It is clear that transportation electrification cannot meet GHG emission reduction objectives unless the electric grid has high penetration of renewable power generation.

The use of green hydrogen fully addresses this issue. The growing untapped renewable energy capacity from wind and solar farms in California can be converted during “off-peak” hours, or times of over supply to the grid, to produce green hydrogen as a 100% renewable zero emission transportation fuel.

An Optimal Strategy

ev hyd picThat’s not to say that a 100% hydrogen solution is optimal for transportation decarbonization, any more than a 100% grid-charged solution is appropriate. However, hydrogen directly addresses the most difficult aspects of this challenge.  Energy-dense industrial areas, and high-utilization, high energy heavy-duty vehicles like buses and trucks contribute to a disproportionate amount of GHG emission. Fuel cell vehicles using hydrogen fuel are uniquely positioned to deliver a zero-emission value proposition for transport needs requiring long range, heavy payload, fast refueling, and route flexibility with centralized depot refueling.

It is in these sectors that hydrogen infrastructure and hydrogen-powered vehicles show their greatest strengths, complementing the smaller yet more abundant grid charged battery electric vehicles, and strengthening the grid that supplies them.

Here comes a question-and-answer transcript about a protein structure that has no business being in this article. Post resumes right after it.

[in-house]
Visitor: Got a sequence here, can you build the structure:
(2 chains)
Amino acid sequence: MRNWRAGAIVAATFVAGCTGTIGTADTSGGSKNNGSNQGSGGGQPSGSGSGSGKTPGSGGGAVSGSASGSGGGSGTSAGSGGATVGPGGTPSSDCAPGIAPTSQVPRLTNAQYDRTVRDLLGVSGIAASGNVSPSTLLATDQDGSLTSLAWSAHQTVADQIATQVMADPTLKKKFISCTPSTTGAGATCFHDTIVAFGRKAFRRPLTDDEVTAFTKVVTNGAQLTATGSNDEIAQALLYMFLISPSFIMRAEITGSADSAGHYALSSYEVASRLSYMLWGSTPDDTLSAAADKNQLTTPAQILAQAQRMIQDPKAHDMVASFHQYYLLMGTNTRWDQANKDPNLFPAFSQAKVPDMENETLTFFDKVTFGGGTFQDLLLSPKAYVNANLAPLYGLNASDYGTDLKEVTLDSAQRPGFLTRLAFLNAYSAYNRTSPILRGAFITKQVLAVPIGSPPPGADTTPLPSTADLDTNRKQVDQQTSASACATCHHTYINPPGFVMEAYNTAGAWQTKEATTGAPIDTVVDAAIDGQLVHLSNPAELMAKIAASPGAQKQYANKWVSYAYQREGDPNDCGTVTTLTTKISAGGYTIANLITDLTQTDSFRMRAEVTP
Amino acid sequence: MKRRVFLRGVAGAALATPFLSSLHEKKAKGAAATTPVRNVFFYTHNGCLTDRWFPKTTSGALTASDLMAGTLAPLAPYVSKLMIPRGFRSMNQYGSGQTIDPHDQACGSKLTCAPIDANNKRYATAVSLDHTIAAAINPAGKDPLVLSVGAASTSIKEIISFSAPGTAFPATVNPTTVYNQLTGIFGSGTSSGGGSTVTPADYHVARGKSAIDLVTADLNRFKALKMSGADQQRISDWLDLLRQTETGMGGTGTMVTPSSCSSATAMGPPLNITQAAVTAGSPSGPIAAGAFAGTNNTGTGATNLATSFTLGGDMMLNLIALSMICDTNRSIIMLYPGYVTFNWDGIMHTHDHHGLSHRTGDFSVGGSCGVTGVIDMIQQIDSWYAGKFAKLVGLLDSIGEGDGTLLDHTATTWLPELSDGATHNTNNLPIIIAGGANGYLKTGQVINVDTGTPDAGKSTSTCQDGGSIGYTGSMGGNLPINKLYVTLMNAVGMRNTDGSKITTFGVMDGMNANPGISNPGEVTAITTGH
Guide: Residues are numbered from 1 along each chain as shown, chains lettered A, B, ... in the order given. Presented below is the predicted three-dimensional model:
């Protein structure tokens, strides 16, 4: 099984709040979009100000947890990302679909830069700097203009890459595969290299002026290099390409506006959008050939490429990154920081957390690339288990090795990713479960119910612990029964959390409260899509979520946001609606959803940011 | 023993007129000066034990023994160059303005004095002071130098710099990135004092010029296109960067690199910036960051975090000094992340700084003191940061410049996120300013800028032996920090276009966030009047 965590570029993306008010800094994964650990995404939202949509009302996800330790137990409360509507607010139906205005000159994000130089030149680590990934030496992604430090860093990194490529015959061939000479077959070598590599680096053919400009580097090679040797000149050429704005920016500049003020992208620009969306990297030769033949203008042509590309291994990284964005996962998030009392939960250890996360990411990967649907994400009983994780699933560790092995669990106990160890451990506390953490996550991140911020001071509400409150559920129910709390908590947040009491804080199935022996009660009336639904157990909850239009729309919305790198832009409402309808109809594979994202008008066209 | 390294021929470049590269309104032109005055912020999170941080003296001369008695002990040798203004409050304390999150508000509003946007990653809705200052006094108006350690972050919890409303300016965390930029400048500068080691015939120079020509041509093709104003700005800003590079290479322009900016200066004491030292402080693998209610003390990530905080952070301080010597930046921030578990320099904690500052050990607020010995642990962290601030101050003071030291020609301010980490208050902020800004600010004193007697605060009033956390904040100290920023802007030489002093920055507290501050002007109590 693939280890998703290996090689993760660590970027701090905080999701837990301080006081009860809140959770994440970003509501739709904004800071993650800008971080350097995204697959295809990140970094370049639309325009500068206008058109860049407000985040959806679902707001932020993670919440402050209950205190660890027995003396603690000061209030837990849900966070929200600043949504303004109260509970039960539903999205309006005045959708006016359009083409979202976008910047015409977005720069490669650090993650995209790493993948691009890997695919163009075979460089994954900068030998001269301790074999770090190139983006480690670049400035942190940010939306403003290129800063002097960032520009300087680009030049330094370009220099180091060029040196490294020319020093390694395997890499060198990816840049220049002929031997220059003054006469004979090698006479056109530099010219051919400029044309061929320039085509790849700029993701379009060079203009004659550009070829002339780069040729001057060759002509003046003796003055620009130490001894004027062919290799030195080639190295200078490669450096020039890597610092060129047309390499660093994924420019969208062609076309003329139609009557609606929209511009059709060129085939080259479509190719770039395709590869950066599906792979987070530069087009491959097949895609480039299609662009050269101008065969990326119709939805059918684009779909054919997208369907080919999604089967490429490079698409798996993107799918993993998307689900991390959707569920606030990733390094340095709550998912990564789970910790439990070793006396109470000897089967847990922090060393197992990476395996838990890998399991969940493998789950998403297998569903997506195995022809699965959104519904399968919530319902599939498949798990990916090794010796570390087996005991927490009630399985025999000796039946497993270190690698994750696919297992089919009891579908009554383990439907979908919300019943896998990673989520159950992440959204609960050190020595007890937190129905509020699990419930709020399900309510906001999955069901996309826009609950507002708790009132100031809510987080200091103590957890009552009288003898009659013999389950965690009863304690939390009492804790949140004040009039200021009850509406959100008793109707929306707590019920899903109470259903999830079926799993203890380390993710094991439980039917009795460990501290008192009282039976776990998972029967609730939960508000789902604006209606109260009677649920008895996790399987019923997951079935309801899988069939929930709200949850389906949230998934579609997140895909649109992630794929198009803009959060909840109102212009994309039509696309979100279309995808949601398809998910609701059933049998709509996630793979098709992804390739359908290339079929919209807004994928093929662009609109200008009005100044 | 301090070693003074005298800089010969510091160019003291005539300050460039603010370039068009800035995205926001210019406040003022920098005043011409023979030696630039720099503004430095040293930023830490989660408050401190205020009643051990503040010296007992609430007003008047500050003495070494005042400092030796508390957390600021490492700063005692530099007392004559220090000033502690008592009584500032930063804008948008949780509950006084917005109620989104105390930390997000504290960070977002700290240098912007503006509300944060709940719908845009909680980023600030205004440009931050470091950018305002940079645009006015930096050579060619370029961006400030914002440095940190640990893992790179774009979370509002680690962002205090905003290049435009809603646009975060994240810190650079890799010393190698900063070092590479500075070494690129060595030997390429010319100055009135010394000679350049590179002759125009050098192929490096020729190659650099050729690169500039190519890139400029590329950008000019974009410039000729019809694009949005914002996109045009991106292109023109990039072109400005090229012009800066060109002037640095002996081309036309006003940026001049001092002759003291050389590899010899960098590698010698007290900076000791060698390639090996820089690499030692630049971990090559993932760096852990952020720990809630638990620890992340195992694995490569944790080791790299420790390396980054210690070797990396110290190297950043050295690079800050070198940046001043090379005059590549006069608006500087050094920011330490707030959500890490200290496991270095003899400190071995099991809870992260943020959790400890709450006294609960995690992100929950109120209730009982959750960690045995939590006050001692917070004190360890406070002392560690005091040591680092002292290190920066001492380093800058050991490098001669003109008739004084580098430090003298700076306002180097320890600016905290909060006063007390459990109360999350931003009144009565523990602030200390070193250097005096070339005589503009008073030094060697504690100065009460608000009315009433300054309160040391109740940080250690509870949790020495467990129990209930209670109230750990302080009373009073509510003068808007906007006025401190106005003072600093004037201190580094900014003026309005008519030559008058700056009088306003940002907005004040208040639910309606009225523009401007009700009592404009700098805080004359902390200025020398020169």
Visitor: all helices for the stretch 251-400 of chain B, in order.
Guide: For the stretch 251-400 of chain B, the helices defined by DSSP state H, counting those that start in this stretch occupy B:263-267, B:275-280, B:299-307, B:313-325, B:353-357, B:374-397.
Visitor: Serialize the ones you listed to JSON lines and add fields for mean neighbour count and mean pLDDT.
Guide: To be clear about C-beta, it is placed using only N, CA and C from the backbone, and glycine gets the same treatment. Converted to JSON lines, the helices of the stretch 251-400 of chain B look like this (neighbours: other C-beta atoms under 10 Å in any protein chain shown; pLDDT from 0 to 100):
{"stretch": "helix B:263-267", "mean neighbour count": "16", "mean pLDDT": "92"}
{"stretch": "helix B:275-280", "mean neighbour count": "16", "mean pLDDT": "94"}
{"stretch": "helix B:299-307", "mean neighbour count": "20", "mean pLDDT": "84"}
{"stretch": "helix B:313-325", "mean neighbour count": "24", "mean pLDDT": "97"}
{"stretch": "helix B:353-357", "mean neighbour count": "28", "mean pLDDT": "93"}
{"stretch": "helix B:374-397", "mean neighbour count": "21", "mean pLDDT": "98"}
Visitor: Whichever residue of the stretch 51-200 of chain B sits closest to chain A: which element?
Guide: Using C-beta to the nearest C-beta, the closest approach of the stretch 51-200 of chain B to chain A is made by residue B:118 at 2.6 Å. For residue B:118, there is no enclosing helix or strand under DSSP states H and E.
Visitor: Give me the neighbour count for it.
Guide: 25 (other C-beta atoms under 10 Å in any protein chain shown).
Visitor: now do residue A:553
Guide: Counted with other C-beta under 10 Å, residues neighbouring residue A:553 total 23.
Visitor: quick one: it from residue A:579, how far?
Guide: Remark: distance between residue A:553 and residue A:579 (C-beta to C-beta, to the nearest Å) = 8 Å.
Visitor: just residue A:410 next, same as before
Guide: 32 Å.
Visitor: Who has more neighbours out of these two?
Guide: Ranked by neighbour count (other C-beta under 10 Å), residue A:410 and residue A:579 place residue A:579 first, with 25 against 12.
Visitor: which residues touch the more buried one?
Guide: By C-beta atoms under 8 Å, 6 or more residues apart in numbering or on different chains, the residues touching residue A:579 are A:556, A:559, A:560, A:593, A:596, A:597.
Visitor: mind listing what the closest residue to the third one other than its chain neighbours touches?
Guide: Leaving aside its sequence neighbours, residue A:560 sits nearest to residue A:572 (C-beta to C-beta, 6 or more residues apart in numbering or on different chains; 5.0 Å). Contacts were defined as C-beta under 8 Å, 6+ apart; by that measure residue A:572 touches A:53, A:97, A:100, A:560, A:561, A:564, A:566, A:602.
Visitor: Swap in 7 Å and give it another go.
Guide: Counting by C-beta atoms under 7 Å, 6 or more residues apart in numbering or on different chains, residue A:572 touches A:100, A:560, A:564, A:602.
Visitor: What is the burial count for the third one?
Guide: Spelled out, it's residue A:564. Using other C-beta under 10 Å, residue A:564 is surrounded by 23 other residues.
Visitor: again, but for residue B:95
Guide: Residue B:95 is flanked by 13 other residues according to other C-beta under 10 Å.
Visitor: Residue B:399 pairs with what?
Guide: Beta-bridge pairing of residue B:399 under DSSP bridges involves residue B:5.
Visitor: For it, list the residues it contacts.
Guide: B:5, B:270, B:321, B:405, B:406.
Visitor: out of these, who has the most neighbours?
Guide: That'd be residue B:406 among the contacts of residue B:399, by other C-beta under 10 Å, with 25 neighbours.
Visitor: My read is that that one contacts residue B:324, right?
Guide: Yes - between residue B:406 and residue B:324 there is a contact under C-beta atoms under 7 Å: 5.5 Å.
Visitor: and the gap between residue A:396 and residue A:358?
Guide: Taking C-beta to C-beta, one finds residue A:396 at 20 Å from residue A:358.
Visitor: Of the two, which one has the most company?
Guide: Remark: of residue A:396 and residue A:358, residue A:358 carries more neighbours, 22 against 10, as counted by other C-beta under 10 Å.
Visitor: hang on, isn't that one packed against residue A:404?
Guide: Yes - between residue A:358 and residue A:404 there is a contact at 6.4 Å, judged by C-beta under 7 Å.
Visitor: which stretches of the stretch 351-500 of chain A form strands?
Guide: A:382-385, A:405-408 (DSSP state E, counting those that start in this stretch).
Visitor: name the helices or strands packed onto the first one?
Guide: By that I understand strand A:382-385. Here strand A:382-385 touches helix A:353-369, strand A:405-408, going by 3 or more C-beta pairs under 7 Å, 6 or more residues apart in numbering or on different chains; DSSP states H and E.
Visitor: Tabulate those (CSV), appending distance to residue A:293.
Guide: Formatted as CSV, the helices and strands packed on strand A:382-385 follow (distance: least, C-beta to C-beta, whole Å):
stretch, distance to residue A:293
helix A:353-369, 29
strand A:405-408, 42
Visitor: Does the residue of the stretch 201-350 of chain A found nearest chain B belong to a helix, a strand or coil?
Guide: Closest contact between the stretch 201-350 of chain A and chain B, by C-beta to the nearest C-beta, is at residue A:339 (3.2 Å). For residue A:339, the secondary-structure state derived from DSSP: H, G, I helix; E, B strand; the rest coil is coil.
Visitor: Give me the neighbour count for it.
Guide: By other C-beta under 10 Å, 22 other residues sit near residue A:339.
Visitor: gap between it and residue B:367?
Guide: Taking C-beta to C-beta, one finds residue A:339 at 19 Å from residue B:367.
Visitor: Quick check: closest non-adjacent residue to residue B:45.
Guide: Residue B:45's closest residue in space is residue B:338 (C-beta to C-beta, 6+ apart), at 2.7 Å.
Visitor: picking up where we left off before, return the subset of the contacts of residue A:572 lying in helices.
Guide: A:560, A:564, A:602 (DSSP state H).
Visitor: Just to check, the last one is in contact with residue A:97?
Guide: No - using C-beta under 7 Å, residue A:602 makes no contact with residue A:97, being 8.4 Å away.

For both grid-charging and hydrogen fuel infrastructures, growth of this scale and pace cannot be done ad-hoc. Strong coordination is required across California’s energy agencies, namely the CPUC, the CEC and CARB. A new oversight function spanning these agencies, dedicated to California’s long-term energy infrastructure strategy, should be considered by Governor Brown and by the coming administration.  

Conclusion

Transit agencies will be among the first groups that will be challenged with zero emissions targets.  These agencies are making plans now to meet the imminent Innovative Clean Transit (ICT) regulation and migrate their fleet to 100% zero-emission buses.  The balance of grid versus hydrogen infrastructure to fuel these buses must be premeditated and coordinated to avoid redundant investments, and to avoid adverse reliability effects on the services that California and the nation count on.

California can achieve its SB100 goals of zero net carbon in transportation and power generation, and the toughest parts of this historic challenge are best met when hydrogen and fuel cell electric vehicles are considered alongside grid and battery electric vehicles, delivering the scale, resilience and performance needed for of our zero emission energy future.